bcnu New Member

    Joined:
    Dec 1, 2006
    Messages:
    495
    Oh Oh, another new one for me. "The doghouse". Thought that was where I was most of the time. Must be toward the front of the stove but why the doghouse.
  12. cmonSTART

    cmonSTART Minister of Fire

    Joined:
    Nov 29, 2007
    Messages:
    2,284
    Loc:
    Antrim, NH
    I actually had a really good burn last night. I stuffed the stove full about 9 PM and got the fire established, then shut it down to about 25%. When I woke up around 5 AM it was still 70 degrees in the living room, the stove was still very warm, and there was a good pile of coals in there still producing heat. I love when things work out!
  13. JimWalshin845

    JimWalshin845 New Member

    Joined:
    Nov 6, 2007
    Messages:
    599
    Loc:
    S. Jersey
    Congrats... post this again but change the header to "Not Afraid To Burn ALL Day All Night with New Stove"

    So many posts coming up with new owners and we know they want to hear your story!
  14. Gibbonboy

    Gibbonboy New Member

    Joined:
    Oct 3, 2006
    Messages:
    267
    I put 4 splits into the stove yesterday before I left for work, just before 8 am. Got home after 4, got fooling around with the snowblower, then went ahead and cleared everything. Went in at ~7 pm, there was only a very small pile of coals waaaay in the back of the firebox (mine is 30", door to back wall). Shoveled them carefully to the front, got some small kindling and it started right back up. That was with 4 splits, maybe 6-7 inches on a side, 24" long. When I jam the firebox full (a LOT of wood), I get 14 hour plus burns with a lot of coals left at reload. 12 hours is a great goal if you can do it and burn clean, I know that unless it's way below zero, I don't need to be home for 16 hours or more. And my house lacks insulation, so a well-insulated house would probably then stay warm another 5 or 6 hours easy. Pushing 24 hours with wood, not bad.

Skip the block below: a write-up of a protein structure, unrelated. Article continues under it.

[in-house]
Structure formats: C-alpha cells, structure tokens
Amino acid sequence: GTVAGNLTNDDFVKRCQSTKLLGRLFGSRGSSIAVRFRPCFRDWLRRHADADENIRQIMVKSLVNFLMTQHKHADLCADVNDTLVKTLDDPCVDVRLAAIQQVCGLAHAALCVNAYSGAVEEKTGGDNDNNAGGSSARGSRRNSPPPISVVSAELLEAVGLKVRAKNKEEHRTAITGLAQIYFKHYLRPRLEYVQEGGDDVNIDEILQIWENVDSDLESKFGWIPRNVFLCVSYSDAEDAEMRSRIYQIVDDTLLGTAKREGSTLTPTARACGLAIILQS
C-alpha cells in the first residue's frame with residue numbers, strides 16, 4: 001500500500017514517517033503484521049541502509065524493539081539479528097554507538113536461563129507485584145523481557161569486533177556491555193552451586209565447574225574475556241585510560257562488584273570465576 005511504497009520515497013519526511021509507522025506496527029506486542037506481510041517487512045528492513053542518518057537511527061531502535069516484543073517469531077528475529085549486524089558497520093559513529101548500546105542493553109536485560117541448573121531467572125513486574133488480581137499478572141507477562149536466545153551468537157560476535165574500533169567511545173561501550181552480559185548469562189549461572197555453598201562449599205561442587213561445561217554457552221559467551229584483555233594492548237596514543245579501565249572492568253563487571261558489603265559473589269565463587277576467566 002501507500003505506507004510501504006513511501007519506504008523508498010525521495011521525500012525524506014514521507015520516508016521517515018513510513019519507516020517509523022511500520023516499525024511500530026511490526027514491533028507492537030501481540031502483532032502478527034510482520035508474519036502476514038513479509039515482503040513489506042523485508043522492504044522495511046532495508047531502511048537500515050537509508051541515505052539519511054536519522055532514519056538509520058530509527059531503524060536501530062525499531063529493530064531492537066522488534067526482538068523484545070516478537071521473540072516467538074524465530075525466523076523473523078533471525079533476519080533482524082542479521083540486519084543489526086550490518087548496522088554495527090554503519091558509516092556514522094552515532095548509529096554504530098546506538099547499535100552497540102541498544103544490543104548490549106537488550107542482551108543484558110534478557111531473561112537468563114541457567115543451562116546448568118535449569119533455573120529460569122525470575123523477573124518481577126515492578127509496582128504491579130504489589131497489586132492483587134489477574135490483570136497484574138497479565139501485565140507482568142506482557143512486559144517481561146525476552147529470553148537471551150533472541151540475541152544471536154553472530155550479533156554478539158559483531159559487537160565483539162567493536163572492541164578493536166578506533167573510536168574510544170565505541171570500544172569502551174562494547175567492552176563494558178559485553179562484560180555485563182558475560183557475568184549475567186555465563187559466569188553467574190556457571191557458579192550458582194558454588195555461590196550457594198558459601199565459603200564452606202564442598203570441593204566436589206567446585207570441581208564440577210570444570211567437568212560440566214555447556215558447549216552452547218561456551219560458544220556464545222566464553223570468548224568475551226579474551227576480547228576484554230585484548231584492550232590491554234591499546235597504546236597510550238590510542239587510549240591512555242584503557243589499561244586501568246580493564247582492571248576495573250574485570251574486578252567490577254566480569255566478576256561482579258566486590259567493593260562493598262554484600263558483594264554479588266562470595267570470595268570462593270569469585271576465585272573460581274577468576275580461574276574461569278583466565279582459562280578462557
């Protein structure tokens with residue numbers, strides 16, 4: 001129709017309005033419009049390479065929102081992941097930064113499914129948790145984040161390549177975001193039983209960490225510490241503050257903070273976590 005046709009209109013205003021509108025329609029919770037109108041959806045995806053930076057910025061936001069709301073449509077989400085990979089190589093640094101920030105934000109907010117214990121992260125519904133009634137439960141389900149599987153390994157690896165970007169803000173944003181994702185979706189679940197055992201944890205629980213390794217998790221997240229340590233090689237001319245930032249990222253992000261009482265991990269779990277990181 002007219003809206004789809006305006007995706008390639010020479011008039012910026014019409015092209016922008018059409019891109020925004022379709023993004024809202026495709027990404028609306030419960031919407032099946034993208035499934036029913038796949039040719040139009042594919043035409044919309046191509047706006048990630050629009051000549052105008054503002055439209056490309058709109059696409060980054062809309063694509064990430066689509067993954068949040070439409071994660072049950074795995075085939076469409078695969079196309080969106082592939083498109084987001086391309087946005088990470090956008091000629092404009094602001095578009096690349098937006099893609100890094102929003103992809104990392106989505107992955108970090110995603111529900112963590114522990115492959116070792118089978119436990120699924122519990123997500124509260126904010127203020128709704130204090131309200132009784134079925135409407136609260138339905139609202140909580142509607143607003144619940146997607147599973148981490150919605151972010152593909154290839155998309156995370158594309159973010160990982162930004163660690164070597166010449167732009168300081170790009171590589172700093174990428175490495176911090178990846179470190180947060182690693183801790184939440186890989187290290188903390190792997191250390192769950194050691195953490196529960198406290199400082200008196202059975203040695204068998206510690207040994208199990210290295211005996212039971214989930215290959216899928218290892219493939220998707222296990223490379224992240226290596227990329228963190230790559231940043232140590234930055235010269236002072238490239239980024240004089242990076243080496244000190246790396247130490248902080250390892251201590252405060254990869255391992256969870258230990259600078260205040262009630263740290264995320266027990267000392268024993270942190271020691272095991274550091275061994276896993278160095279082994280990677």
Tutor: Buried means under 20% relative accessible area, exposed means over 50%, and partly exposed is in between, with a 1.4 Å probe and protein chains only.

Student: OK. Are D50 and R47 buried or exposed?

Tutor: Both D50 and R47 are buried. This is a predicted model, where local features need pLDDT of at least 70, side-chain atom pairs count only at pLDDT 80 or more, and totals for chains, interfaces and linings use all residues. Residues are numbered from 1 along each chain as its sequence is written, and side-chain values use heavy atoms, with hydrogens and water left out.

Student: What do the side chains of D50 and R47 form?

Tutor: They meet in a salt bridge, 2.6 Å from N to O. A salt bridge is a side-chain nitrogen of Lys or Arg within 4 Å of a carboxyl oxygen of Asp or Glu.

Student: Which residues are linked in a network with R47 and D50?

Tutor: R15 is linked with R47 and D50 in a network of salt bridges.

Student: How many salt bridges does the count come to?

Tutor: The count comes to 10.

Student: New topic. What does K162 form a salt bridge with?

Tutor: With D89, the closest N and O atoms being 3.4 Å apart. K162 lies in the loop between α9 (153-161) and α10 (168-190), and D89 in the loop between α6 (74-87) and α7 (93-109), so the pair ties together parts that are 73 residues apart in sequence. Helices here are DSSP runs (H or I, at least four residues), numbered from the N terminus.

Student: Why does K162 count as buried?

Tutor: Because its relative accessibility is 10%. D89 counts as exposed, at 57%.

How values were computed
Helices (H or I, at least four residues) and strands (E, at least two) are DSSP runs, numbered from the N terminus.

4 or 5 splits is my normal "overnight" load, though. Don't like reloading on top of a lot of coals before leaving.
  15. thephotohound

    thephotohound New Member

    Joined:
    Apr 19, 2007
    Messages:
    332
    Loc:
    Central Massachusetts
    That's great... it's so nice to hear so many stories of efficient stoves and heating without oil! I think I was most amazed with my 14 hr burn because I only have a 2.2 cu ft firebox... barely 18 inches.
  16. Todd

    Todd Minister of Fire

    Joined:
    Nov 19, 2005
    Messages:
    9,226
    Loc:
    Lake Wissota
    Good job Photohound. It's really nice how these stoves hold coals. I pack my stove the same way, biggest split or rounds towards the back, then fill in the rest. I think I've had hot coals for over 20 hours and the stone still feels warm. My furnace is yet to kick on and I have it set at 67. Outside temps have dipped to as far as -13 so far this year. I kind of wish my stove had an ash pan tho, I just dumped a shovel full of ash on the hearth!
  17. jpl1nh

    jpl1nh Minister of Fire

    Joined:
    Jan 25, 2007
    Messages:
    1,572
    Loc: